But every single explanation in the new Times piece gives both SBF and cryptocurrency more broadly the benefit of the doubt, using the former billionaire’s quotes extensively, and even trying to position his attitude as one of self-reflection rather than ruthless calculation to make himself sound better.
Another excerpt from the Times:
Mr. Bankman-Fried did, however, agree with critics in the crypto community who said he had expanded his business interests too quickly across a wide swath of the industry. He said his other commitments had led him to miss signs that FTX was running into trouble.
“Had I been a bit more concentrated on what I was doing, I would have been able to be more thorough,” he said. “That would have allowed me to catch what was going on on the risk side.”
Did SBF “expanded his business interests too quickly” in some way? Did SBF just not “catch what was going on” with the risks he was taking? Or was the entire venture rotten to its core?
Paragraph after paragraph in the Times gives a gentle light to FTX’s extraordinary implosion, explaining that SBF’s “ambitions exceeded his grasp” or speculating that perhaps he was “overly dependent” on a small group of advisors.
And, according to the Times, SBF’s lean staff count wasn’t further evidence that it was all just smoke and mirrors, but rather something to be proud of, along with his charitable contributions:
Mr. Bankman-Fried’s circle of colleagues was bound by a commitment to effective altruism, a charitable movement that urges adherents to give away their wealth in efficient and logical ways. For co-workers outside the clique, it was sometimes difficult to get time speaking with Mr. Bankman Fried, a person familiar with the matter said. And Mr. Bankman-Fried made it a point of pride that FTX had only about a 300-person staff, much smaller than its top rivals, Binance and Coinbase.
Even as he kept hiring down, Mr. Bankman-Fried built an ambitious philanthropic operation, invested in dozens of other crypto companies, bought stock in the trading firm Robinhood, donated to political campaigns, gave media interviews and offered Elon Musk billions of dollars to help finance the mogul’s Twitter takeover.
Mr. Bankman-Fried said he wished “we’d bitten off a lot less.”
Again, this characterization from SBF makes it sound as if he just overextended himself in an otherwise reputable venture. In reality, SBF had built a house of cards “where each individual card is itself a house of cards,” as Rusty Foster put it yesterday.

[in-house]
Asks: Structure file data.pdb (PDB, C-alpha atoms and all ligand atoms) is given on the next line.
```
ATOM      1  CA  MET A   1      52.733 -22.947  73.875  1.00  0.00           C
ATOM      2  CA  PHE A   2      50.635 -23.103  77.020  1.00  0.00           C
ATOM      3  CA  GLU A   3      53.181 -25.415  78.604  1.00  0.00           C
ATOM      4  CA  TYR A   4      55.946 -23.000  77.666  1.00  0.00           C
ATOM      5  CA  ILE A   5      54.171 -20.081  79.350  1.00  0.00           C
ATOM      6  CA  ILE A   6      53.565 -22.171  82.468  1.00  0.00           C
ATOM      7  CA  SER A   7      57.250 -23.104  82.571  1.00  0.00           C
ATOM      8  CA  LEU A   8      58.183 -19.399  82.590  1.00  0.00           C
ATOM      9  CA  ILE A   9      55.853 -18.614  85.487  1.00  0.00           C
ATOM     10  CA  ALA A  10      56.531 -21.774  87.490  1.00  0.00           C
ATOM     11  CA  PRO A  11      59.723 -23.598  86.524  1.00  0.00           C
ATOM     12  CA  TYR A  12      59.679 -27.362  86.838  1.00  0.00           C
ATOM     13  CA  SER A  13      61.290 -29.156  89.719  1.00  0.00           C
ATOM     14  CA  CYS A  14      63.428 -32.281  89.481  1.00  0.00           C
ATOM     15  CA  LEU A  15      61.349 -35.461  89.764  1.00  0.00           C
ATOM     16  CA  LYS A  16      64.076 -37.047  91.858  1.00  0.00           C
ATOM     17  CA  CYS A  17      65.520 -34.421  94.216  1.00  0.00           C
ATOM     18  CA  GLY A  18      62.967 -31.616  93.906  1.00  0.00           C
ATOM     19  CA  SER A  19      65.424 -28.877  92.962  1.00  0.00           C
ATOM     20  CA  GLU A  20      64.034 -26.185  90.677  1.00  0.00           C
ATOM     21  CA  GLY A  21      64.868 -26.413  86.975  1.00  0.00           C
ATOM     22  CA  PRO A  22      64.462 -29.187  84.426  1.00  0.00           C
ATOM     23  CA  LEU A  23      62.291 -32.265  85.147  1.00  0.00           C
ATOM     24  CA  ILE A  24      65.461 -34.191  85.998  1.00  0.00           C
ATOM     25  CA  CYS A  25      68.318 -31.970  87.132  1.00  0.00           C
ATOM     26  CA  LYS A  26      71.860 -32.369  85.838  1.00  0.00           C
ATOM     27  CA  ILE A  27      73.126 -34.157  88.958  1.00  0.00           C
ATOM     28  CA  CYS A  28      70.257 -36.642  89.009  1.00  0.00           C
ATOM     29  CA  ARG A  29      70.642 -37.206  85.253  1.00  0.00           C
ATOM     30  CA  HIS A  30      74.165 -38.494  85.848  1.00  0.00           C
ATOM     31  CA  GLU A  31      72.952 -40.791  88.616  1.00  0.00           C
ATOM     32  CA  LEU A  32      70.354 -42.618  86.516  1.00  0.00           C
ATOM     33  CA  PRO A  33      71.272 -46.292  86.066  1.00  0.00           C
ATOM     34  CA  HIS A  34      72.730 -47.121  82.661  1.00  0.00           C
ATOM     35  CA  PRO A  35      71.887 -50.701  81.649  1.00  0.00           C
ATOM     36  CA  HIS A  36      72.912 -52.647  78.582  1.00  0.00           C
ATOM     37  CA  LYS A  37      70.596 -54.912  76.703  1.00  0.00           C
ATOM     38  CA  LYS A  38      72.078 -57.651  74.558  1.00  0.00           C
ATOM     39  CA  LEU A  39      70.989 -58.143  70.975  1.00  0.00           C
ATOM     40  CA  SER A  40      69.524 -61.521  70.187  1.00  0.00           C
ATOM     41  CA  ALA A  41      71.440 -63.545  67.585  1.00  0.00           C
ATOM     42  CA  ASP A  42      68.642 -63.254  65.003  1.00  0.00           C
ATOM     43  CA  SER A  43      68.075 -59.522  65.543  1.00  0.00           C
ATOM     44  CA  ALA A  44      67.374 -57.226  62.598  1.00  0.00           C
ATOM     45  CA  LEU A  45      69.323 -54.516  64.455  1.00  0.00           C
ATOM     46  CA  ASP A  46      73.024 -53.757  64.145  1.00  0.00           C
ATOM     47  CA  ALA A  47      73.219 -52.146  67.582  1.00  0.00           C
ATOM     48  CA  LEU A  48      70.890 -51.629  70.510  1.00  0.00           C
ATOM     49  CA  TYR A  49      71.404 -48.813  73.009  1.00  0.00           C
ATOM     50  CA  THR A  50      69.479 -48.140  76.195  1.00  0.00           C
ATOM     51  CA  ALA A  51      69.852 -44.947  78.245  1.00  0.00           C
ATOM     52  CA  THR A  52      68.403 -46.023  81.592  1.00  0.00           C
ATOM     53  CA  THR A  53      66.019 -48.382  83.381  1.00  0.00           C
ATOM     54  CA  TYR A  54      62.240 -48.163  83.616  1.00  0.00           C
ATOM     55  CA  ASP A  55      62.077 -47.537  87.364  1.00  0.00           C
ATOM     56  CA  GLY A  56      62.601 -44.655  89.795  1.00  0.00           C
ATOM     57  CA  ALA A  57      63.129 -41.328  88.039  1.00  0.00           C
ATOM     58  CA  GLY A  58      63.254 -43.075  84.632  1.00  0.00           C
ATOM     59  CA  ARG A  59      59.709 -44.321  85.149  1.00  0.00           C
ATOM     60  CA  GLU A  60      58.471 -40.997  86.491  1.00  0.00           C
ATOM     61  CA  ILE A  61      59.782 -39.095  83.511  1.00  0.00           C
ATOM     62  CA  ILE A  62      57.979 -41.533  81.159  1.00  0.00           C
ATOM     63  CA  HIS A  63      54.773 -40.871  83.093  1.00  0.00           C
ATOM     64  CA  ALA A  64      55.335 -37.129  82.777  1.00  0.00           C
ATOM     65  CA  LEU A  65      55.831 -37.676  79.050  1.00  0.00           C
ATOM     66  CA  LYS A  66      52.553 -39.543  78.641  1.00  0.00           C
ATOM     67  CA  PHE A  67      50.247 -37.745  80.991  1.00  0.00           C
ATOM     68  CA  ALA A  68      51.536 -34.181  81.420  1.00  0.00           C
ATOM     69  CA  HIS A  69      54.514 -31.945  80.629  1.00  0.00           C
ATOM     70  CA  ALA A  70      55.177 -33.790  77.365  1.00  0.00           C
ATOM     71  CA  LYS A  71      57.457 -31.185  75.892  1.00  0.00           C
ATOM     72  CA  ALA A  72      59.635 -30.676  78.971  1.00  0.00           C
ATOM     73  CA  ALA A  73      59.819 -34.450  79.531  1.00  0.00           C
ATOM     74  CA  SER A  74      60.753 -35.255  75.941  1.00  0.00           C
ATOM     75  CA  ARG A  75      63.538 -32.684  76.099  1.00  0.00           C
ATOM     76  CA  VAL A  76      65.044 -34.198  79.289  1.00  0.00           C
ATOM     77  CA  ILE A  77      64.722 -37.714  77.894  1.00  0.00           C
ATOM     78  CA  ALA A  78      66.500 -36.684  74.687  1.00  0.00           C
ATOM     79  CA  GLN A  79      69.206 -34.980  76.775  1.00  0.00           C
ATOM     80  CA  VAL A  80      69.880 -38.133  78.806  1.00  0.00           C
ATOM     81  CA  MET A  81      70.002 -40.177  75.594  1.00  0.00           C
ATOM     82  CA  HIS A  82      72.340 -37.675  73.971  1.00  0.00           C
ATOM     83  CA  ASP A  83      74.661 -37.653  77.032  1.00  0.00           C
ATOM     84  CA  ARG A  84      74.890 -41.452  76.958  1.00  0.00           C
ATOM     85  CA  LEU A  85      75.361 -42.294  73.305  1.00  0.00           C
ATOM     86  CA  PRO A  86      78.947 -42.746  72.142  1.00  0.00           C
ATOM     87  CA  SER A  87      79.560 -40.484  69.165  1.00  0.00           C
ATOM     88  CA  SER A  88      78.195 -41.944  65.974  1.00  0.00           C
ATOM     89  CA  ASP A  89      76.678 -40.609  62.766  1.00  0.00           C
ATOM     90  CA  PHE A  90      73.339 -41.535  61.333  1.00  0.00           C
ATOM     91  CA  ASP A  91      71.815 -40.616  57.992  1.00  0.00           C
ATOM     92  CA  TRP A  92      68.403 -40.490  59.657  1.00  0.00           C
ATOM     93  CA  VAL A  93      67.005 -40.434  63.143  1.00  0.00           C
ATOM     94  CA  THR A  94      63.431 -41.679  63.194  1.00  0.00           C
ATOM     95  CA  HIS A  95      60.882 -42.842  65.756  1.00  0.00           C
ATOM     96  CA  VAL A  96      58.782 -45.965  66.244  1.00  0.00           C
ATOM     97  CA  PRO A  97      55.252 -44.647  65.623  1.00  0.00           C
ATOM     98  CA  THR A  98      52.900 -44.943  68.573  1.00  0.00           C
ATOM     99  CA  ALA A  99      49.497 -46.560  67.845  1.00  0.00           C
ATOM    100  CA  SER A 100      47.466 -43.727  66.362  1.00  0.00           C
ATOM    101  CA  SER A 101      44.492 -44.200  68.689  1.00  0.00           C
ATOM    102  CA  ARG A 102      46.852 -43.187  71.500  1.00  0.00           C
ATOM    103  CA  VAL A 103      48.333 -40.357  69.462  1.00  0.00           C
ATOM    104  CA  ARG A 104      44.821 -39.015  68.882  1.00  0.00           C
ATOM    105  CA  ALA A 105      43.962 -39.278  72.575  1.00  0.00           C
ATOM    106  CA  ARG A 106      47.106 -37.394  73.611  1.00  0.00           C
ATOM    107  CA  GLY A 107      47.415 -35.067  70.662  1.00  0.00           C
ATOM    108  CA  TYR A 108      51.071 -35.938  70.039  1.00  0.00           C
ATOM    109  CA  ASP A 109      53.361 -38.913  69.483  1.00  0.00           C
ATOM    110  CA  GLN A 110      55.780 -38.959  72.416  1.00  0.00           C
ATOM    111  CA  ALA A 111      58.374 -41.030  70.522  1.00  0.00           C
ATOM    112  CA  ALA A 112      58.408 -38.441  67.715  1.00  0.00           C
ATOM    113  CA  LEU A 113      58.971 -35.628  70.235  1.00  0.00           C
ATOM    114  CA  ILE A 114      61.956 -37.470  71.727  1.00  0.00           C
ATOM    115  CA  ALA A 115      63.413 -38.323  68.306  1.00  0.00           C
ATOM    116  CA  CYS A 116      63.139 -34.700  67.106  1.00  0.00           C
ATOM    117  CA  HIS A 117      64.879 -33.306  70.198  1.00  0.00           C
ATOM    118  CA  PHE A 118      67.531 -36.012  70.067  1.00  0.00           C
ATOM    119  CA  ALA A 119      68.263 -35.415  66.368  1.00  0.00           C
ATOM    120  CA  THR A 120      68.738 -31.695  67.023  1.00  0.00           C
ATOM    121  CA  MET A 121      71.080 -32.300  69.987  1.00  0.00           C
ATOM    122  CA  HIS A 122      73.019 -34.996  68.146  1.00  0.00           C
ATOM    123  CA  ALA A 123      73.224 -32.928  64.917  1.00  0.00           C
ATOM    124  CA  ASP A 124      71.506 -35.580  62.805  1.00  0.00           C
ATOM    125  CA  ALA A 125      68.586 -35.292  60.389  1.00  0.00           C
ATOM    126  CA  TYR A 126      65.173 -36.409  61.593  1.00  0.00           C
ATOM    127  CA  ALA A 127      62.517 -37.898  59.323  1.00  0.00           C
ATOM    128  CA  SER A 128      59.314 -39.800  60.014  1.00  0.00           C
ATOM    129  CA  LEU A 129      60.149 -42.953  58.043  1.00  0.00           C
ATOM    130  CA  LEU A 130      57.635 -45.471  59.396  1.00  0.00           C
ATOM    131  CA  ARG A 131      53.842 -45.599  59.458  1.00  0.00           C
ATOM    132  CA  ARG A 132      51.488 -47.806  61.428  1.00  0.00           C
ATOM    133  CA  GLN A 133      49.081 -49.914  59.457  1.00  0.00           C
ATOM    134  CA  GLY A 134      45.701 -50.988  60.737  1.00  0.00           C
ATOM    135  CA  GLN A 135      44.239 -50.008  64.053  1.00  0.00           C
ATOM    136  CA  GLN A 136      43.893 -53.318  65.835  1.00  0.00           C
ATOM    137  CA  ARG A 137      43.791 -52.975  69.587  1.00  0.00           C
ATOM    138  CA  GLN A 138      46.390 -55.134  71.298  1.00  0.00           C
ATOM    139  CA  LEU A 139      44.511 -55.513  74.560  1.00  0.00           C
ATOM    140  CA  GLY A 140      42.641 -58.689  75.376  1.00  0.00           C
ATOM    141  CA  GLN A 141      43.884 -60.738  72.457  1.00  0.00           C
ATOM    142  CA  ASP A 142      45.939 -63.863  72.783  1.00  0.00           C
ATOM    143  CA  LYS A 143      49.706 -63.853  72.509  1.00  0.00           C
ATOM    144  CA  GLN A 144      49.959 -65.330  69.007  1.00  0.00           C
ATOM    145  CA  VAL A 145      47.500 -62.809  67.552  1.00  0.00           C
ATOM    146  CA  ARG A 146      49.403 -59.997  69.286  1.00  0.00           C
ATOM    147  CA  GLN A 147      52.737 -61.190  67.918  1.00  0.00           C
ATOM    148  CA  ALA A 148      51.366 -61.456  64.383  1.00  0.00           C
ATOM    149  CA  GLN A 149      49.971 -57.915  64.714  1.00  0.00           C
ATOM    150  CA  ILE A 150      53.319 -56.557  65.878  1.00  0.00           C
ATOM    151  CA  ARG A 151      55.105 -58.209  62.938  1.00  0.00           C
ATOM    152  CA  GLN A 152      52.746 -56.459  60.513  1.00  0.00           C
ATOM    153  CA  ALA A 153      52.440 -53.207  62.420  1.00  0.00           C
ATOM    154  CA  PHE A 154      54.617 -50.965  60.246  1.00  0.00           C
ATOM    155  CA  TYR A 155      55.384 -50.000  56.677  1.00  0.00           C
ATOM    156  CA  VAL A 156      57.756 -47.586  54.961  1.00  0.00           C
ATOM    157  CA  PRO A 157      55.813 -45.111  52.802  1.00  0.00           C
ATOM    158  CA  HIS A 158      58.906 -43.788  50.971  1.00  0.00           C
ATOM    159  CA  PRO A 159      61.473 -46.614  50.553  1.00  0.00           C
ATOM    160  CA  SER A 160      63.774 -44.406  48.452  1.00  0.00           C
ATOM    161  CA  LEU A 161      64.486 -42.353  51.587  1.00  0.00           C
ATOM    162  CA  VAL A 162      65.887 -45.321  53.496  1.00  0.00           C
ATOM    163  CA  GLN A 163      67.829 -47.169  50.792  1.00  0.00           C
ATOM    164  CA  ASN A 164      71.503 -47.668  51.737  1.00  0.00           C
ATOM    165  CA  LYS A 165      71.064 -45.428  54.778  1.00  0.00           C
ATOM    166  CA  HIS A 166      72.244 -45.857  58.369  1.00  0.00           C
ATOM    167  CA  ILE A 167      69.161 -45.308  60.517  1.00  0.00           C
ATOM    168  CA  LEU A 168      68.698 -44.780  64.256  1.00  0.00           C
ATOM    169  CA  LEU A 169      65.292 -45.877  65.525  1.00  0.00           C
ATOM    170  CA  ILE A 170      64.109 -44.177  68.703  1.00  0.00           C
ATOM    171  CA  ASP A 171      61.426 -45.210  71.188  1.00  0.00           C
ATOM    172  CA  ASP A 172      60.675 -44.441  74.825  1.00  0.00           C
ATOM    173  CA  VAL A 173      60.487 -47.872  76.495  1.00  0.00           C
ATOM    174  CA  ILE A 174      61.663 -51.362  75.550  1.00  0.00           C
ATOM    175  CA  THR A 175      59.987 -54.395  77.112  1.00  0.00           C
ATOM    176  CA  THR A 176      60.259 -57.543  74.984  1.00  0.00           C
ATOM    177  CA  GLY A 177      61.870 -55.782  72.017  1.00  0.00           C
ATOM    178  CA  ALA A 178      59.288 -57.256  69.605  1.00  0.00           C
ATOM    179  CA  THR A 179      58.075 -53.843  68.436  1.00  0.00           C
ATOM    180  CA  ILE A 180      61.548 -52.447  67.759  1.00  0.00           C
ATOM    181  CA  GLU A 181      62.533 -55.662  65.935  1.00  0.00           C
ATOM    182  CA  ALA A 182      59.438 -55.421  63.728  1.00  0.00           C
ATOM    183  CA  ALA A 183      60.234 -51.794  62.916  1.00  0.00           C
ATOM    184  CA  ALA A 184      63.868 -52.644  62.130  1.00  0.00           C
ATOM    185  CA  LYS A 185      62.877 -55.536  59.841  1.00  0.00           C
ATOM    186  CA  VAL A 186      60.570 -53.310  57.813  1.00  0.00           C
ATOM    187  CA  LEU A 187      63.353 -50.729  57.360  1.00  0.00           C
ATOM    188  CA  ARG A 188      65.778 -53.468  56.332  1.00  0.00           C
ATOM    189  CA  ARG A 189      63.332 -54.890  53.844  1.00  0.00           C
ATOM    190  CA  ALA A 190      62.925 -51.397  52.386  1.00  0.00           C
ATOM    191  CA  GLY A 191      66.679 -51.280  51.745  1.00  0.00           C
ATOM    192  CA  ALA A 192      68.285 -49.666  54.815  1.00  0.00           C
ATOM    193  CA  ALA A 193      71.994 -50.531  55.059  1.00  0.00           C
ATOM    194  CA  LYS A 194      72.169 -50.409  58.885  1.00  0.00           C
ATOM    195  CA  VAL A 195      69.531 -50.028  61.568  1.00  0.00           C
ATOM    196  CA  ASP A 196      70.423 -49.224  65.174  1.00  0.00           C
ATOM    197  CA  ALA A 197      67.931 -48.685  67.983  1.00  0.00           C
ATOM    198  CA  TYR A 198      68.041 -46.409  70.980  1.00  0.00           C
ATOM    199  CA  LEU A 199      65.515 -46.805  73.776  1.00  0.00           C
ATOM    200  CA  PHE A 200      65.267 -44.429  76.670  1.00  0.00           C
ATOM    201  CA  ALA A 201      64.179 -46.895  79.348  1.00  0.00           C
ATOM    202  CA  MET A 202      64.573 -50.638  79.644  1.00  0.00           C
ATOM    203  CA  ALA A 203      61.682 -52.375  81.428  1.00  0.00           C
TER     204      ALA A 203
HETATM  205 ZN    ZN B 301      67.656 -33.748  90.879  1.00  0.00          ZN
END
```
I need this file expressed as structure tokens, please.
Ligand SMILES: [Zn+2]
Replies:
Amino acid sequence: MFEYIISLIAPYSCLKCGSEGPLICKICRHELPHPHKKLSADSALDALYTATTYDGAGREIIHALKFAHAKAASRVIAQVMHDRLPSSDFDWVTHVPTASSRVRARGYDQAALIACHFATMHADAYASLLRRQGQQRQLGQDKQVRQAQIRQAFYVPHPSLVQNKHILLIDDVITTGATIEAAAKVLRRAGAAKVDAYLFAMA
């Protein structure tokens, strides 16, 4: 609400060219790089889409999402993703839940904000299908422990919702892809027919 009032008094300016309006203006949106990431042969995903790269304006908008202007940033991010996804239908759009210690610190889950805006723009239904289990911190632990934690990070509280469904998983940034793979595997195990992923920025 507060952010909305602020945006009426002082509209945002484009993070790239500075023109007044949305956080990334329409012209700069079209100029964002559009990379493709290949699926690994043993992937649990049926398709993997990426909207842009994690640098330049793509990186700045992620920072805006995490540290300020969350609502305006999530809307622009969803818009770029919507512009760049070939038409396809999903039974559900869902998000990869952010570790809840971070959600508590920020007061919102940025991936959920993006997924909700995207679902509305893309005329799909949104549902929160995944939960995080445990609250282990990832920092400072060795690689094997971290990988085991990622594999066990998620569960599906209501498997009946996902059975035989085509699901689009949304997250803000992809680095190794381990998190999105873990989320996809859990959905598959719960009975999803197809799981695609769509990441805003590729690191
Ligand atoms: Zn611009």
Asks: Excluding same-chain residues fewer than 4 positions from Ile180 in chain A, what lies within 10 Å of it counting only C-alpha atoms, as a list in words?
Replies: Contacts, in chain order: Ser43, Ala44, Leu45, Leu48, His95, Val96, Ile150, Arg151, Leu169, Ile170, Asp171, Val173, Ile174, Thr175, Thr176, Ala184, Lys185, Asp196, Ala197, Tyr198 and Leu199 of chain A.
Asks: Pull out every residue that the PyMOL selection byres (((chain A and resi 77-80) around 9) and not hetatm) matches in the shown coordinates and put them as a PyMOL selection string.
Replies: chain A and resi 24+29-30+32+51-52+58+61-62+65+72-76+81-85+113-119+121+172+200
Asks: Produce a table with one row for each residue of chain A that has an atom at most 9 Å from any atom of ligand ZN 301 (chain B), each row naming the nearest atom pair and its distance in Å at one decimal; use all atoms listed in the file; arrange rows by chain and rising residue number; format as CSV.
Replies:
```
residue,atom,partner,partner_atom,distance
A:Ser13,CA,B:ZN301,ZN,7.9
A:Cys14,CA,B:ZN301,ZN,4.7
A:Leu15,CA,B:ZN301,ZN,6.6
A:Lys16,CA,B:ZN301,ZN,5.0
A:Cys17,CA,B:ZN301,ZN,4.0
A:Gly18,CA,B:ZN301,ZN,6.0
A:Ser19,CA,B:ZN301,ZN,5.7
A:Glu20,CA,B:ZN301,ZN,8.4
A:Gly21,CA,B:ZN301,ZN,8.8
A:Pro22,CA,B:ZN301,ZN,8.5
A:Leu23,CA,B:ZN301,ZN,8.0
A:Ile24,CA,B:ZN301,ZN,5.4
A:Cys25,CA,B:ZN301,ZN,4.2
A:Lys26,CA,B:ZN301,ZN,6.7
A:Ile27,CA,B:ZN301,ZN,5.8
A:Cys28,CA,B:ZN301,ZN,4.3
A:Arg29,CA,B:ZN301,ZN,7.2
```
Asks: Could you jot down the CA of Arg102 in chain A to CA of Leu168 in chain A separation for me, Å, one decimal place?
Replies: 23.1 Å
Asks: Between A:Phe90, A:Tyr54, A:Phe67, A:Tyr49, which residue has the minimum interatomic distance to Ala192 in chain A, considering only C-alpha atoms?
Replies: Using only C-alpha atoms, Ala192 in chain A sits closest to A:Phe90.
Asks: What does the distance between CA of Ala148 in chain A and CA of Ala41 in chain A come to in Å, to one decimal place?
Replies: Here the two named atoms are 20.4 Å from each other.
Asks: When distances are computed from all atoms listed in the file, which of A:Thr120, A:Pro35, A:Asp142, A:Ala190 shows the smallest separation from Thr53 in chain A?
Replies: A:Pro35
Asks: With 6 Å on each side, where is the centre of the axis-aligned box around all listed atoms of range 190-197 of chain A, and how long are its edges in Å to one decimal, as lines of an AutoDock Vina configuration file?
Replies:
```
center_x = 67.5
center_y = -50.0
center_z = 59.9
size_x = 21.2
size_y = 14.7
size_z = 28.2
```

Even the glaring conflicts of interest made obvious in the FTX downfall are only pointed out as something that SBF’s “critics” would mention:
FTX and Alameda were closely linked. Alameda traded heavily on the FTX platform, meaning it sometimes benefited when FTX’s other customers lost money, a dynamic that critics called a conflict of interest. In the past, Mr. Bankman-Fried has defended the arrangement, saying Alameda provided crucial liquidity — injections of capital that enabled others customers to complete transactions on the exchange.
And, at the end of the day, SBF just wants to cooperate with investigators and do what’s right for the people who put their money into FTX, according to the Times, which quotes SBF uncritically:
As FTX has crumbled, Mr. Bankman-Fried has been “working constructively with regulators, bankruptcy officials and the company to try to do what’s best for consumers,” he said on Sunday.
To top it all off, the Times article never addresses the fact that FTX was allegedly “hacked” over the weekend to the tune of roughly $600 million. Not even a passing mention of this very bizarre thing that will surely have a big impact on the bankruptcy proceedings moving forward.
The Times piece ends with a mention of SBF’s love of video games and his bizarre social media antics over the past two days:
“People can say all the mean things they want about me online,” he said. “In the end, what’s going to matter to me is what I’ve done and what I can do.”
He has also found other ways to occupy his time in recent days, playing the video game Storybook Brawl, though less than he usually does, he said. “It helps me unwind a bit,” he said. “It clears my mind.”
Shortly before the interview, Mr. Bankman-Fried had posted a cryptic tweet: the word “What.” Then he had tweeted the letter H. Asked to explain, Mr. Bankman-Fried said he planned to post the letter A and then the letter P. “It’s going to be more than one word,” he said. “I’m making it up as I go.”
So he was planning a series of cryptic tweets? “Something like that.”
But why? “I don’t know,” he said. “I’m improvising. I think it’s time.”
The Times piece has been met with a disgusted reaction on social media, as people try to make sense of how someone who lost literally billions of dollars from FTX users could just be treated as an innocent businessman whose worst crime may have been some bad trades. But the SEC and DOJ are both investigating FTX, according to the Wall Street Journal, so even if the Times has decided to go easy on SBF, at least there’s hope some justice will be served at some point in the future.